I had a conversation with a very old friend tonight. She's been through the wringer of life lately and it was so good to hear her brave voice rising above the chaos.
She filled me in on the vast swaths of her life that I have missed due to distance and other complications and I found myself in tears listening to the sacrament of her story.
She's been so beautifully brave and selfless in the face of her dream castles tumbling down. She's done exactly what I would hope I would do in the same situation, though I can't imagine myself being that tough. She's my newest hero.
I caught myself thinking that old cliche. "There, but for the grace of God, go I." I stopped myself short when this ran through my head because it's not true. I don't know what role God played in the differences in our stories but I don't think He sent her into an abusive situation and spared me. I don't think God works that way.
Girls like us, girls from backgrounds that contain abuse, are drastically more likely to find themselves in abusive relationships when they grow up.
In addition, it is not unusual for people, who grew up in abusive relationships and domestic violent environment to recreate this experience in adulthood and unconsciously choose a violent partner and recreate the dysfunctional home they grew up in. This is not putting a blame on anyone for anything. It is simply stating that trauma has its way of repeating itself from one generation to another (what we call transgenerational transmission of trauma), unless you put an end to it and address it in psychoanalysis or psychotherapy.
See, I didn't make that up, it's a thing.
We all seek out what is familiar. We long for the things that we know. We don't feel safe when we're in unfamiliar territory. But when what you are familiar with is straight up abuse, when feeling scared is your default, it messes you up and it takes a lot of work to make decisions that go against that knee jerk emotional reaction.
But some how, you can know this, you can make good decisions, you can do the work and you can still end up in that trans-generational cycle of abuse even though you did your darnedest to avoid it.
My friend and I both wanted to be wives and mothers. We wanted to raise happy, healthy children who had two good parents in the home with them. I am privileged or lucky enough to be doing that and my friend isn't.
We proceeded with caution into the dating world, we'd seen the risks play out so we took the job seriously. She took her time, she dated her future husband for years. She loved and supported him through all kinds of trouble, she helped raise his child and she thought she'd found one she could trust with her life.
I only knew my husband 18 months before we got married. The most stressful things in our dating life was a 1000 mile road trip to attend a funeral and we broke up for a short time after that. We did a lot of eating together and hanging out in bars and then we got married.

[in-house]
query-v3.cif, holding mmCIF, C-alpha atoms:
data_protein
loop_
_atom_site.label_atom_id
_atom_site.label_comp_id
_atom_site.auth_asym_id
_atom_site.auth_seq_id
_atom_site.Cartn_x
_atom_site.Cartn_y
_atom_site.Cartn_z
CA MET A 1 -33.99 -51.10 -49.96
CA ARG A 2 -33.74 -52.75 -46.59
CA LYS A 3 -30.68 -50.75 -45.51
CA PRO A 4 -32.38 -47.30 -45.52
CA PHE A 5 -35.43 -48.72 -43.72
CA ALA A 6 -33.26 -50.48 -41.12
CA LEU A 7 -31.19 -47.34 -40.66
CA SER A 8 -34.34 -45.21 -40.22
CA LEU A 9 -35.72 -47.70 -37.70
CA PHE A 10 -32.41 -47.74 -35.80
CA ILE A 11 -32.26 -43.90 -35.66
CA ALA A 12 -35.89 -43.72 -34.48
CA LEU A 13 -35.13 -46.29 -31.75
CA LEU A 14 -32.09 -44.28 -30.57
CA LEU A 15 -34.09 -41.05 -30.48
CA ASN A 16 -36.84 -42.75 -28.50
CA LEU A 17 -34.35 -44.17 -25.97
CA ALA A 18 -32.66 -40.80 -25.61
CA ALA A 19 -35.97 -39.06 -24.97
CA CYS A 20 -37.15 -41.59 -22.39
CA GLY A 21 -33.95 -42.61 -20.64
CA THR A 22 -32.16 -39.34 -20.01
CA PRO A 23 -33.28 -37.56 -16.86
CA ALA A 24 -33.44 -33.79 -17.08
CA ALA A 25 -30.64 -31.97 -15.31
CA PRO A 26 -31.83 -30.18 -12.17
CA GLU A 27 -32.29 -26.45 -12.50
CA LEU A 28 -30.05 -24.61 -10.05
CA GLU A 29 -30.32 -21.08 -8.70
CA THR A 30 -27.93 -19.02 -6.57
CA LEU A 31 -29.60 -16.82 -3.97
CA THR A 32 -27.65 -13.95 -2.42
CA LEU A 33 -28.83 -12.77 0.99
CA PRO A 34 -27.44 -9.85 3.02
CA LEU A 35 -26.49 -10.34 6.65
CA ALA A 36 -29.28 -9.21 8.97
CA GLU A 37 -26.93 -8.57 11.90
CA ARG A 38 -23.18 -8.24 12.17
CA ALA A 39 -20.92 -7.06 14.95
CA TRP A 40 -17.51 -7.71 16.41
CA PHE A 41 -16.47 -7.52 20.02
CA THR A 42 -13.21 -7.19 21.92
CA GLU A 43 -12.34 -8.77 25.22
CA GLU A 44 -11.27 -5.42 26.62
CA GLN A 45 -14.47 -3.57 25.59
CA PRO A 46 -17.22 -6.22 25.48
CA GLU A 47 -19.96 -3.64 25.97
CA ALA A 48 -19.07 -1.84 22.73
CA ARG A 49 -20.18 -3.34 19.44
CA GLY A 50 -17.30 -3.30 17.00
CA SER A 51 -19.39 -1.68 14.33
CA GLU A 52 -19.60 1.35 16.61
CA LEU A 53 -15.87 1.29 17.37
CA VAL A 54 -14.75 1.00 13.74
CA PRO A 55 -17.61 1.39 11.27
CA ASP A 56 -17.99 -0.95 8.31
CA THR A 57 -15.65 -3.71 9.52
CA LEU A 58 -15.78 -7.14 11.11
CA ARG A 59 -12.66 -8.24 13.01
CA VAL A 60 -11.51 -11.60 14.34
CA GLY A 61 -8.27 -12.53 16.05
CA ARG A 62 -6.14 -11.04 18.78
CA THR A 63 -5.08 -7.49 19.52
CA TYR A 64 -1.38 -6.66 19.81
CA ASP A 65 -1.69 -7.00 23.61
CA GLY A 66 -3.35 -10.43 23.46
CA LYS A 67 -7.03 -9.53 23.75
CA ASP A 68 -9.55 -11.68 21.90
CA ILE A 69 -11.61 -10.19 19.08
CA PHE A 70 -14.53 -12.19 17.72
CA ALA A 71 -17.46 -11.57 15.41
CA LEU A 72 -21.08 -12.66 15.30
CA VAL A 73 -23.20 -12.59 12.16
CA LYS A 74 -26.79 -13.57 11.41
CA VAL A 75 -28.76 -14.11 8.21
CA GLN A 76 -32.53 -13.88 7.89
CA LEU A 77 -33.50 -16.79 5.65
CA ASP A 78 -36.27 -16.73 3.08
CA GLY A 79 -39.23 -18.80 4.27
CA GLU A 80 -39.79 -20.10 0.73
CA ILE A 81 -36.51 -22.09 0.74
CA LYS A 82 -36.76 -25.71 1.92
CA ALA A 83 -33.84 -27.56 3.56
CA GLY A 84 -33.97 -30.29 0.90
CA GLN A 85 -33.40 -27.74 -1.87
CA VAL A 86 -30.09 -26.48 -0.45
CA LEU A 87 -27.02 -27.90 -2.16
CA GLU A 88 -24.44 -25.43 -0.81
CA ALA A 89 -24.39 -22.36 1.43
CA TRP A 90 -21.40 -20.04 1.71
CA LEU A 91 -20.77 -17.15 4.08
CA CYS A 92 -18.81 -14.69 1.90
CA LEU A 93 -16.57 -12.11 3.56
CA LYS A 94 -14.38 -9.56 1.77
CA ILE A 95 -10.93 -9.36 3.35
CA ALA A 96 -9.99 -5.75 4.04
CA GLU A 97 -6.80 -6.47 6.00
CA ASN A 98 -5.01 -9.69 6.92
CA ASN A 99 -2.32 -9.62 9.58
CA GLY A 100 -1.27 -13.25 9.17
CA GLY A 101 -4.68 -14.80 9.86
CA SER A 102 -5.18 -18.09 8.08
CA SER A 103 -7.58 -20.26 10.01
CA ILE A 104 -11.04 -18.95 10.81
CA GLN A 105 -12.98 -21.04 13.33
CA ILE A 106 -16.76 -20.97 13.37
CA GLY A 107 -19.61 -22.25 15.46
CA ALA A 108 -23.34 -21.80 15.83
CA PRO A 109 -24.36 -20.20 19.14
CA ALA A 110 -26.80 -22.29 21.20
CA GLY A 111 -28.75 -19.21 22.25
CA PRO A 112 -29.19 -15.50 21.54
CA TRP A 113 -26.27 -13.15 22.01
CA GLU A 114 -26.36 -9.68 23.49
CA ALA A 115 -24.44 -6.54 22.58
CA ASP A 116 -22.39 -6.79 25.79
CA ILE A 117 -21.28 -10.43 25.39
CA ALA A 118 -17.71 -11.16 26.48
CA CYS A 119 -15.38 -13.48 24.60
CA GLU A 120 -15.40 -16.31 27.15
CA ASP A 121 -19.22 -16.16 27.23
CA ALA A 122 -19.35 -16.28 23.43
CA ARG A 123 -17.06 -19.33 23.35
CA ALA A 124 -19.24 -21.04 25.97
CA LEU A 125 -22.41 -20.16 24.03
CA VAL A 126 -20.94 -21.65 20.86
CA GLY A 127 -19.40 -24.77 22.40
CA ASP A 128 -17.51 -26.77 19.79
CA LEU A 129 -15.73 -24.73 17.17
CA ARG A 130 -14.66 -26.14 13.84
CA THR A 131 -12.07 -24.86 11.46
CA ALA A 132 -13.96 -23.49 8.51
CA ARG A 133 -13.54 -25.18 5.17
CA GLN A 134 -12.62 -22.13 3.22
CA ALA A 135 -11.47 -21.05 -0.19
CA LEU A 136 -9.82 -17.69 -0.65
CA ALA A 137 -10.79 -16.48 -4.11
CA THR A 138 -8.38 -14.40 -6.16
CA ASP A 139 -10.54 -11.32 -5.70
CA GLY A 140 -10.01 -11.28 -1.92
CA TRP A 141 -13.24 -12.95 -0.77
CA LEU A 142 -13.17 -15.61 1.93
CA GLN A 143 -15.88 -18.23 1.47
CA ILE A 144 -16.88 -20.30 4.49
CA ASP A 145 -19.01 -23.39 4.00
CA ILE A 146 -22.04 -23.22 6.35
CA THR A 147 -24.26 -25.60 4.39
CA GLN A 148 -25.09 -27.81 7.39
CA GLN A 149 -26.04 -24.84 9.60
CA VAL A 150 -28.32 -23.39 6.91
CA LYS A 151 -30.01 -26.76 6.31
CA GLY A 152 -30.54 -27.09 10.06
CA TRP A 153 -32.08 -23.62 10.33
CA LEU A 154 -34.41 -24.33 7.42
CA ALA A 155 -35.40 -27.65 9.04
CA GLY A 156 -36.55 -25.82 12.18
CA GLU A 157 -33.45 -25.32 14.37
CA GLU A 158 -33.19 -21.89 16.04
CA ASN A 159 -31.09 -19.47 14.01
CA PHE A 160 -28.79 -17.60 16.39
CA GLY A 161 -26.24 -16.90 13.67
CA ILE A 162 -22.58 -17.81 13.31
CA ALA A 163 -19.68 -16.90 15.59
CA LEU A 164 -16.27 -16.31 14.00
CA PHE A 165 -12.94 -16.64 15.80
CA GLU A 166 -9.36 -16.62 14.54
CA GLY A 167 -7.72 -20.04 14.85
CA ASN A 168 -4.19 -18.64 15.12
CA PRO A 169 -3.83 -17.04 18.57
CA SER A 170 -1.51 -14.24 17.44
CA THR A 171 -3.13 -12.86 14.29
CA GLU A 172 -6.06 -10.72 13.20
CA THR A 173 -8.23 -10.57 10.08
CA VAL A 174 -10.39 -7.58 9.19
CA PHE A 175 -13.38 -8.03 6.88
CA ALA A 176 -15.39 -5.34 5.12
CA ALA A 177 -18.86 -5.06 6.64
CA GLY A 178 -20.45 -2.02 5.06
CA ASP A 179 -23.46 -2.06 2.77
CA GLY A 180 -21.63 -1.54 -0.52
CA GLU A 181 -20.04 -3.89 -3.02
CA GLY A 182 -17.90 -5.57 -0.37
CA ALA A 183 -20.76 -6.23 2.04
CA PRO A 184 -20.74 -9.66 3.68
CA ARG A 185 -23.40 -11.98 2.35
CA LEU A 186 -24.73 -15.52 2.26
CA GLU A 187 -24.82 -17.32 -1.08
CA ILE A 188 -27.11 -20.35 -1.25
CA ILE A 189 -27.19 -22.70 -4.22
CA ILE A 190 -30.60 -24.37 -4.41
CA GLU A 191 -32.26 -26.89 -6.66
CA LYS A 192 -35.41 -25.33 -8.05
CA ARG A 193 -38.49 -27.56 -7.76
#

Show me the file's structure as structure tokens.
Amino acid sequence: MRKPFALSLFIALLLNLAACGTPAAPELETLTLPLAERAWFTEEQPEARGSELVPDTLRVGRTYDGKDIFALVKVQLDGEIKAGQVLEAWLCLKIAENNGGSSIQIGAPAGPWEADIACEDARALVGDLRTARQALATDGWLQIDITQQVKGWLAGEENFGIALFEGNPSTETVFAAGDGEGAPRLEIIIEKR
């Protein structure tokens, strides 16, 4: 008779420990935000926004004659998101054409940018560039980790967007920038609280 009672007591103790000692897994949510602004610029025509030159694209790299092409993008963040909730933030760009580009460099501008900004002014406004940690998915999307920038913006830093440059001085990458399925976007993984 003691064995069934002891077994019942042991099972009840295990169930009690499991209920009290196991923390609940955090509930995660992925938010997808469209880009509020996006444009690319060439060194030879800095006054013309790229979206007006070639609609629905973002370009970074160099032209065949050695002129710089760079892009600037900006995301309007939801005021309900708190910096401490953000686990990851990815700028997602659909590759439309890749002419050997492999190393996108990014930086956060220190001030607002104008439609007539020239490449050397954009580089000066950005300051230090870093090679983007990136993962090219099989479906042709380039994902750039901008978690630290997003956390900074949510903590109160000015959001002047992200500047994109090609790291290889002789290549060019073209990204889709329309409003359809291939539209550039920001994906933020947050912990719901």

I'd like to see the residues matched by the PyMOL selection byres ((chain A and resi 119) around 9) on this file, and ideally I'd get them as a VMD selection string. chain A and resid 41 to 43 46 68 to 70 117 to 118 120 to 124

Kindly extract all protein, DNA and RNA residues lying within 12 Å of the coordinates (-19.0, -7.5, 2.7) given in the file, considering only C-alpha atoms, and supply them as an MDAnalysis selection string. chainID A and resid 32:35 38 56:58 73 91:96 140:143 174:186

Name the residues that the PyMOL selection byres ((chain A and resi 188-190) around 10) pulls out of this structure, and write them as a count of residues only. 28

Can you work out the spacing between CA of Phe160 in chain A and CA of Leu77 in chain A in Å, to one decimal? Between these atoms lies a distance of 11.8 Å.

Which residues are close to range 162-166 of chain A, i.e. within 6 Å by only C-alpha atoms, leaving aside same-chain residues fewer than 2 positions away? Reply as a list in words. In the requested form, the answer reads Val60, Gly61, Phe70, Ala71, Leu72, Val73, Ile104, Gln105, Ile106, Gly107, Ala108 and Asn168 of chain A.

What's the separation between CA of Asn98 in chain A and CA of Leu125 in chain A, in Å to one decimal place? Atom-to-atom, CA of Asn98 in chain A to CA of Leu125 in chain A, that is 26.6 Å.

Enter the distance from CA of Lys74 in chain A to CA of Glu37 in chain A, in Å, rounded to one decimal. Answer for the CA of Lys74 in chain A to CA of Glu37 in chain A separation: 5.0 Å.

If I were a betting woman, I would have said that one of those girls would end up in an abusive marriage and it wouldn't have been her.
So, I'm sitting here tonight with a big case of something like survivors guilt, though I recognize it doesn't perfectly fit this situation.
How did I end up with the reasonably happy marriage and the intact family? I didn't do anything to deserve that. I didn't make better decisions than she did, I think I just got lucky.
I don't really believe in luck, that's a problem when you've just admitted to the internet that you feel you've benefited from luck. I believe in good decisions, in doing the next right thing, and I believe in our total lack of control of the outcome of those decisions.
This is something I've been digging into in therapy lately, my control issues. I'm terrified to have control and I'm afraid to loose it. So this little story, my tale of two messed up girls, pins itself nicely to the bullseye of my control issues. You can do all the right things, you can make the best decisions you can and it still might all blow up. That. Sucks.
But, that doesn't mean we stop. We keep on doing the next right thing. We keep making the best decisions we can. We keep taking the best step available to us because we know, no matter how uncertain life is, going forward is still our best chance for something good.
So tonight I'm going to pray for my friend as she bravely marches on, doing right things and doing them on her own. And I'm also going to count my blessings and be thankful that luck or God or fate did what it did because the wholeness of my family is beautiful in it's chaos. For no particular reason, I got the thing that we were both striving for and the gift of it is humbling.